(Above: Song of the Grass-Mud Horse, which a Chinese-speaking friend assures me uses both offensive language and offensive democratic metaphors about censorship and freedom of speech, has apparently caused a stir in China as it tries to maintain its long running bamboo curtain (or is it net) over the intertubes. Not speaking the language, it doesn't do much for me - how many times can you look at furry animals before turning into a New Zealander - but we thought we'd seize the moment to dedicate this clip to Senator Stephen Conroy, the man most like the Chinese government in spirit and behavior. Yep, not even the Ruddster can match him. You can catch more variations of the song, some with subtitles explaining the filth, on You Tube. Thank the lord this site has no Chinese readers and therefore won't be banned).
Oops, sorry, have to apologise to New Zealanders for that cheap shot. Guess what:
Joyce: Internet filtering off the agenda in NZ
Chris Keall | Friday March 20 2009 - 03:31pm
Those nervously watching the chaos across the Tasman can breathe a sigh of relief.
"We have been following the internet filtering debate in Australia but have no plans to introduce something similar here," says Communications and IT minister Steven Joyce.
"The technology for internet filtering causes delays for all internet users. And unfortunately those who are determined to get around any filter will find a way to do so. Our view is that educating kids and parents about being safe on the internet is the best way of tackling the problem."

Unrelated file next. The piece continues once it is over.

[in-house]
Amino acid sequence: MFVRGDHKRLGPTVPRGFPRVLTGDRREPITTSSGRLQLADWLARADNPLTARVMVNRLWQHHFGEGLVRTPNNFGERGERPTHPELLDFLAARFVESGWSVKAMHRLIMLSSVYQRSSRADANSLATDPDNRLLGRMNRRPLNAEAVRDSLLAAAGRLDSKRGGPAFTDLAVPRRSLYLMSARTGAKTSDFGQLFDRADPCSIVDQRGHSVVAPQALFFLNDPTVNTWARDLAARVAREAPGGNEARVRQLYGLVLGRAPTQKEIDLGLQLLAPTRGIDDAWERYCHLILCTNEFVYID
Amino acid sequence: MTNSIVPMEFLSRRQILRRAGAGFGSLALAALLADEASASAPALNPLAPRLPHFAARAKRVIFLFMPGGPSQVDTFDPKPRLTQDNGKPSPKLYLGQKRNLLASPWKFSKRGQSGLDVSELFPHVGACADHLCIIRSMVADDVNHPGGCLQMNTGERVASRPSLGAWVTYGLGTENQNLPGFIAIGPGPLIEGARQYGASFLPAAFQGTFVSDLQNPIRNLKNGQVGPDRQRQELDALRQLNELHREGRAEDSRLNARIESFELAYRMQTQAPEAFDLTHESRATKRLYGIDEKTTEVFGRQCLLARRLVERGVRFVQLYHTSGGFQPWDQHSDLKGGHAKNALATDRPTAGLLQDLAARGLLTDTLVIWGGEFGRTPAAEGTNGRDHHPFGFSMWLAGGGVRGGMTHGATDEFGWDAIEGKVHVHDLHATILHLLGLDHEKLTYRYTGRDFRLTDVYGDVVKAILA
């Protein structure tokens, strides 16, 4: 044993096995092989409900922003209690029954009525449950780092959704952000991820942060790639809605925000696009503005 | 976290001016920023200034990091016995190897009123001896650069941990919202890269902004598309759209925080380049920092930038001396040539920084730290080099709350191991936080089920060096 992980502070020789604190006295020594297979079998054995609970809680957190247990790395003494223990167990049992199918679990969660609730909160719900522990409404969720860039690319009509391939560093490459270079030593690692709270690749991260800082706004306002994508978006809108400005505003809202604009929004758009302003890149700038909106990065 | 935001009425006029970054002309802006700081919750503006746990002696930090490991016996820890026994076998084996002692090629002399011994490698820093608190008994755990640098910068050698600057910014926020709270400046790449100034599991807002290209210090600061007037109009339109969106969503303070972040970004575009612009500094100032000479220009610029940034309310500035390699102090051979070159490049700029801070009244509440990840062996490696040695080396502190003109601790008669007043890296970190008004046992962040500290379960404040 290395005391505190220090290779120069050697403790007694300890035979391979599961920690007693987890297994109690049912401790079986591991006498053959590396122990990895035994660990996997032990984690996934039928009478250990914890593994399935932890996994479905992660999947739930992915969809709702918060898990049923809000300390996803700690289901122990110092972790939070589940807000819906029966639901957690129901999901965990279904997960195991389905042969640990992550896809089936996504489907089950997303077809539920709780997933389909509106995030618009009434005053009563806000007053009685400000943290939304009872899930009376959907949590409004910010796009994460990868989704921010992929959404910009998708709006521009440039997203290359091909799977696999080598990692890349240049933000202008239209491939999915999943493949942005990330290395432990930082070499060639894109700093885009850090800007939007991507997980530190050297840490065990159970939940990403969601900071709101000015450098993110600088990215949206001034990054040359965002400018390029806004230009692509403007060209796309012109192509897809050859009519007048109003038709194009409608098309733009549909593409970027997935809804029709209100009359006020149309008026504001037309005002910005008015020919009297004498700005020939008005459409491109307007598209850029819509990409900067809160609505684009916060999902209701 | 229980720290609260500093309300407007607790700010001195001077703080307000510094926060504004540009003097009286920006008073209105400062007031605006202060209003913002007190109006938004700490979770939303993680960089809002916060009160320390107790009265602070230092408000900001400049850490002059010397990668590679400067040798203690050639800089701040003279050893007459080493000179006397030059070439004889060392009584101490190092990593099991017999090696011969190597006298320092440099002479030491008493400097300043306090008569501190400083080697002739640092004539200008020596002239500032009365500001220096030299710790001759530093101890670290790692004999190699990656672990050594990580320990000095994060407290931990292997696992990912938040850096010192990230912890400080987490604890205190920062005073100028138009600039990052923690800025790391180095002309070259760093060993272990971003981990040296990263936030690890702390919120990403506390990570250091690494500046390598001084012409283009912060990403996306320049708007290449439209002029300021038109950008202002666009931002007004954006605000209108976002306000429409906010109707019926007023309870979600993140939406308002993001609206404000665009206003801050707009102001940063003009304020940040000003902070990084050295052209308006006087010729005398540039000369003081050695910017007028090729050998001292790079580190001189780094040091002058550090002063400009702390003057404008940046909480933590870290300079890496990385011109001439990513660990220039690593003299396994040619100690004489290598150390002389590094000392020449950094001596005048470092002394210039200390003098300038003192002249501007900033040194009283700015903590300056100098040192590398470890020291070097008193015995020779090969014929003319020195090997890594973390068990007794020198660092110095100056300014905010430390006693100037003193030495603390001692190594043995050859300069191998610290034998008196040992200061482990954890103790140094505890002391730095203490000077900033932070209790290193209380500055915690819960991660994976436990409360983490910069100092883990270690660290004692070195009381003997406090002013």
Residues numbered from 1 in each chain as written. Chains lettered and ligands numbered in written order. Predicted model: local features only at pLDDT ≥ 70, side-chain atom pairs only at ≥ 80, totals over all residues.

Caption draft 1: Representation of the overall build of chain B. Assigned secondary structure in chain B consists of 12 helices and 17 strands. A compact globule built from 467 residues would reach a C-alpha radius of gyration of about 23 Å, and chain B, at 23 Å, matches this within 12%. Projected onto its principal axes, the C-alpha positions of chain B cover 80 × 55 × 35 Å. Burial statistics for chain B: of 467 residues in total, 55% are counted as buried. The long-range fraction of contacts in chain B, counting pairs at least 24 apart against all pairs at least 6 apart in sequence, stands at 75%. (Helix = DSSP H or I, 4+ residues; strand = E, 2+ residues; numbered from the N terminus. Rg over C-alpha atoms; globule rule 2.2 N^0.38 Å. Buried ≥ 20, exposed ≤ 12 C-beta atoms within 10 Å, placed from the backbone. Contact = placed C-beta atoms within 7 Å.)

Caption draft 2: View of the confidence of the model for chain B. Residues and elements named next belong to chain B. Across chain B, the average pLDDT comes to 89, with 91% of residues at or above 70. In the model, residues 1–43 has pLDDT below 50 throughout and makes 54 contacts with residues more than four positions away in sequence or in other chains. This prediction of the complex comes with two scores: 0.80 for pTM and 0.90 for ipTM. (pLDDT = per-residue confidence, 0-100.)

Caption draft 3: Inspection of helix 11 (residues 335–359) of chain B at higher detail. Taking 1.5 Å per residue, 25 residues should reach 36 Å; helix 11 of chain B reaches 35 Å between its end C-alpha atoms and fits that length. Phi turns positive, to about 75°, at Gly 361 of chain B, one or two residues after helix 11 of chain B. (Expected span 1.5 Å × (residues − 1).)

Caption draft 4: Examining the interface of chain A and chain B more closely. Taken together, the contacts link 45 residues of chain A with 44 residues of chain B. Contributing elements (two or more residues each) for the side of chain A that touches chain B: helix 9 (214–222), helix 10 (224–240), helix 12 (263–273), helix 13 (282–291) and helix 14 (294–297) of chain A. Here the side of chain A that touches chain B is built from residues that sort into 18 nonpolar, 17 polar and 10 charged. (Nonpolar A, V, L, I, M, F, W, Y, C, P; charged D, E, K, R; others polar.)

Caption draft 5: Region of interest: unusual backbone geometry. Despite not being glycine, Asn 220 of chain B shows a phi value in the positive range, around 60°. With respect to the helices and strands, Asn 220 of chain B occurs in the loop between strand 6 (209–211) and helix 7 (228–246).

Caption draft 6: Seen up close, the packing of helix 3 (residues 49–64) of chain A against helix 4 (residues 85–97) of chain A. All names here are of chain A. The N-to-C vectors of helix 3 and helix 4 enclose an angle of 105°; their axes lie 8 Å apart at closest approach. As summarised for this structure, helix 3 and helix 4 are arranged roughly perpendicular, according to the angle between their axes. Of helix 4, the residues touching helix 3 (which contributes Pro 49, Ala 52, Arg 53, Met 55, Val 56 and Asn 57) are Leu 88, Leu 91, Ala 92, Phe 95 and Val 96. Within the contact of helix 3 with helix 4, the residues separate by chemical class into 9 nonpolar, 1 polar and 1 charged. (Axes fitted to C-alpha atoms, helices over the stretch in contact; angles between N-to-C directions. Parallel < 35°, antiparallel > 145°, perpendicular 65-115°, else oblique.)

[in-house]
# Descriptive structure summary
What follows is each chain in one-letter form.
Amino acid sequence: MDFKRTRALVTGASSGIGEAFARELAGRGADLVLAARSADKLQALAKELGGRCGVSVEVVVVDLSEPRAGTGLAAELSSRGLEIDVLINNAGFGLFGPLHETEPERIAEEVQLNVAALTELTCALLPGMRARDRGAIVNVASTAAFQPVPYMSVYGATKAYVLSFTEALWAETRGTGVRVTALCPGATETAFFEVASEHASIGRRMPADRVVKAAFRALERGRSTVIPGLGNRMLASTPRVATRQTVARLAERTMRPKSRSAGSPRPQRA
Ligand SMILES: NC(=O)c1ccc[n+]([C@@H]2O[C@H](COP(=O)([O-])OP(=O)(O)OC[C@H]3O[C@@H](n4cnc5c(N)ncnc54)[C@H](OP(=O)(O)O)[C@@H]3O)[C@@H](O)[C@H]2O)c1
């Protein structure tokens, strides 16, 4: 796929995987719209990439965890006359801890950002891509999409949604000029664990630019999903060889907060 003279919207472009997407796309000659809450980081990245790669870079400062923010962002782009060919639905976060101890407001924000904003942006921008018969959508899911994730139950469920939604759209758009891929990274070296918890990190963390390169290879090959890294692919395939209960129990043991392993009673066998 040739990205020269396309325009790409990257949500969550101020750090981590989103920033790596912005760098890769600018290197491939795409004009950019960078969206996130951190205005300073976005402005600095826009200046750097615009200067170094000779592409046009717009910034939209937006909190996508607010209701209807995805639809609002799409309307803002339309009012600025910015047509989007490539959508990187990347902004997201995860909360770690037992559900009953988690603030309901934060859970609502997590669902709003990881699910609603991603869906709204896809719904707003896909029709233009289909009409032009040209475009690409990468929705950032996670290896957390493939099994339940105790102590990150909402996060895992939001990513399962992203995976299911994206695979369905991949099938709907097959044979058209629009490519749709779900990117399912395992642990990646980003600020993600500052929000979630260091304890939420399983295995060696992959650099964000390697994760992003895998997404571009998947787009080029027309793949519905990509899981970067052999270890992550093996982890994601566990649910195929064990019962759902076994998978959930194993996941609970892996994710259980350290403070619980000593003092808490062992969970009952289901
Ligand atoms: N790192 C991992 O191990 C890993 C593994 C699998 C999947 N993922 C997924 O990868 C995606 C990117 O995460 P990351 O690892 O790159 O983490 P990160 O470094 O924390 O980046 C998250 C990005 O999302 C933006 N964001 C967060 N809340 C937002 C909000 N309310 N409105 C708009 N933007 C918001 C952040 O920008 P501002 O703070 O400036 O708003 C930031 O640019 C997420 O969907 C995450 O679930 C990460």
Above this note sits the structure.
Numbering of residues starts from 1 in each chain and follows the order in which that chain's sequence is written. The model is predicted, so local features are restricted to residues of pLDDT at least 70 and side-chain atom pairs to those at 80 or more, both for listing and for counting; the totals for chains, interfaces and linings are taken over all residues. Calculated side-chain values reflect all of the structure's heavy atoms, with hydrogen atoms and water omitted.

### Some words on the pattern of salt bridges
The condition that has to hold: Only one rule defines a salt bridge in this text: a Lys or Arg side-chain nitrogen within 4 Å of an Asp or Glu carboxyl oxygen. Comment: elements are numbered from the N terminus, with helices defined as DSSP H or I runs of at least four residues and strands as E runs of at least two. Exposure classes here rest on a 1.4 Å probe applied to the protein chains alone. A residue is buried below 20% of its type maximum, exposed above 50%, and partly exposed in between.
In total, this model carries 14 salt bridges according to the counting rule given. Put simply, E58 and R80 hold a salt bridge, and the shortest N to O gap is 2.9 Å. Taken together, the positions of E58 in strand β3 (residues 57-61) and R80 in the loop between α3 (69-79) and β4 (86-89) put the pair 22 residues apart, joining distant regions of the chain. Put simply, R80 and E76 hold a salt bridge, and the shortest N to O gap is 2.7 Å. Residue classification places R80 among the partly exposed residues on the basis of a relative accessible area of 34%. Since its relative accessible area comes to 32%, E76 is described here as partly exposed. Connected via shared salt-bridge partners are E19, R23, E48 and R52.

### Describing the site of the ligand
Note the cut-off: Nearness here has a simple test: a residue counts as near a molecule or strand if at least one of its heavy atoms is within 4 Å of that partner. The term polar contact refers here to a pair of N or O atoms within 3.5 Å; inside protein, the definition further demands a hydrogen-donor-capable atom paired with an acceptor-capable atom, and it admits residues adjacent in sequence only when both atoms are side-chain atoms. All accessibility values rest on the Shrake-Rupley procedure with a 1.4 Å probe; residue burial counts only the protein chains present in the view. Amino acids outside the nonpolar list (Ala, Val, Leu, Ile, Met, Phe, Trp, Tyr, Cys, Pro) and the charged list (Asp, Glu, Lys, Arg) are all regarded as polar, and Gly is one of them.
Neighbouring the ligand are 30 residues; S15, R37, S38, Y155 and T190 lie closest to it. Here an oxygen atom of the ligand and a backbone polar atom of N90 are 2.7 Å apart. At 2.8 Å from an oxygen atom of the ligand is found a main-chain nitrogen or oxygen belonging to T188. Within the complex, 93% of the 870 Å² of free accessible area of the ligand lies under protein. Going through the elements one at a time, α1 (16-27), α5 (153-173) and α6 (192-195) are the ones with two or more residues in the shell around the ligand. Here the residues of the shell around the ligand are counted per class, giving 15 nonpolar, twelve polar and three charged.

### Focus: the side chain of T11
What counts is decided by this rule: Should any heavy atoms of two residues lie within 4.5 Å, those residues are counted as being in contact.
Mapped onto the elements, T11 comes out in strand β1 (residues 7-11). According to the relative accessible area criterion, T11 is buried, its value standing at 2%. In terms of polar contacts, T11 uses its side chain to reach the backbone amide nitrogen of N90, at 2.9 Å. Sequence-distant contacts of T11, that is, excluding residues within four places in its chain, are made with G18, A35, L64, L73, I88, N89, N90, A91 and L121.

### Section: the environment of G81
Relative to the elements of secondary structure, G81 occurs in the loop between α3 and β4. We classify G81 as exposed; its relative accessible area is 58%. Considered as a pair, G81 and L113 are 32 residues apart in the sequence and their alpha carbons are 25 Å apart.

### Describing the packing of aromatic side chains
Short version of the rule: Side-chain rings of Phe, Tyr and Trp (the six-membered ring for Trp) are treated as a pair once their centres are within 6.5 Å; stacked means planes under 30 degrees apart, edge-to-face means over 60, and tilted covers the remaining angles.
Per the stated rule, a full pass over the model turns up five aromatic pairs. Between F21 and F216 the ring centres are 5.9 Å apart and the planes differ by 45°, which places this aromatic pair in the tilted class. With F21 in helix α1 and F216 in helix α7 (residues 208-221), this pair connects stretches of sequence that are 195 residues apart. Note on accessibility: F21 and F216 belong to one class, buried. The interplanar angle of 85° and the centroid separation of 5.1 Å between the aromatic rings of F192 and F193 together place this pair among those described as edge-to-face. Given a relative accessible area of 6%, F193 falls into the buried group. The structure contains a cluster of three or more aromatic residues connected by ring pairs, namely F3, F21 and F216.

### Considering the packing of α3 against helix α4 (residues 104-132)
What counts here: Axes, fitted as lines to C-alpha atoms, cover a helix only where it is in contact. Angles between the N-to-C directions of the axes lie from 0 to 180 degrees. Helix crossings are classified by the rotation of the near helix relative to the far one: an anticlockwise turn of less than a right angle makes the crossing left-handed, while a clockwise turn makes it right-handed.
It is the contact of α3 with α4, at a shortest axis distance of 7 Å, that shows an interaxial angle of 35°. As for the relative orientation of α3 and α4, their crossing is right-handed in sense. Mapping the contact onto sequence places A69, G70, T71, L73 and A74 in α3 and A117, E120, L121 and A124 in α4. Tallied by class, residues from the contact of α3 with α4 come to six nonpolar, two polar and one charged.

Damn you Kiwis, damn you to hell for your sensible policies and your sweet green countryside and for Peter Jackson and Heavenly Creatures. What about this - we allow the All Blacks to win for a decade, and you can have Conroy and we can have Joyce? What's that? The All Blacks are going to win anyway? Damn you, damn you all to hell.
It turns out, of course, that the leaked ACMA list was indeed the ACMA list, despite Conroy's stupid denials, and it was a farcical list with the usual contradictions and follies of this kind of list, as prepared by hapless, hopeless bureaucrats. For evidence, see Blacklist snares Bill Henson fan site. See also Two thirds of ACMA blacklist out of date.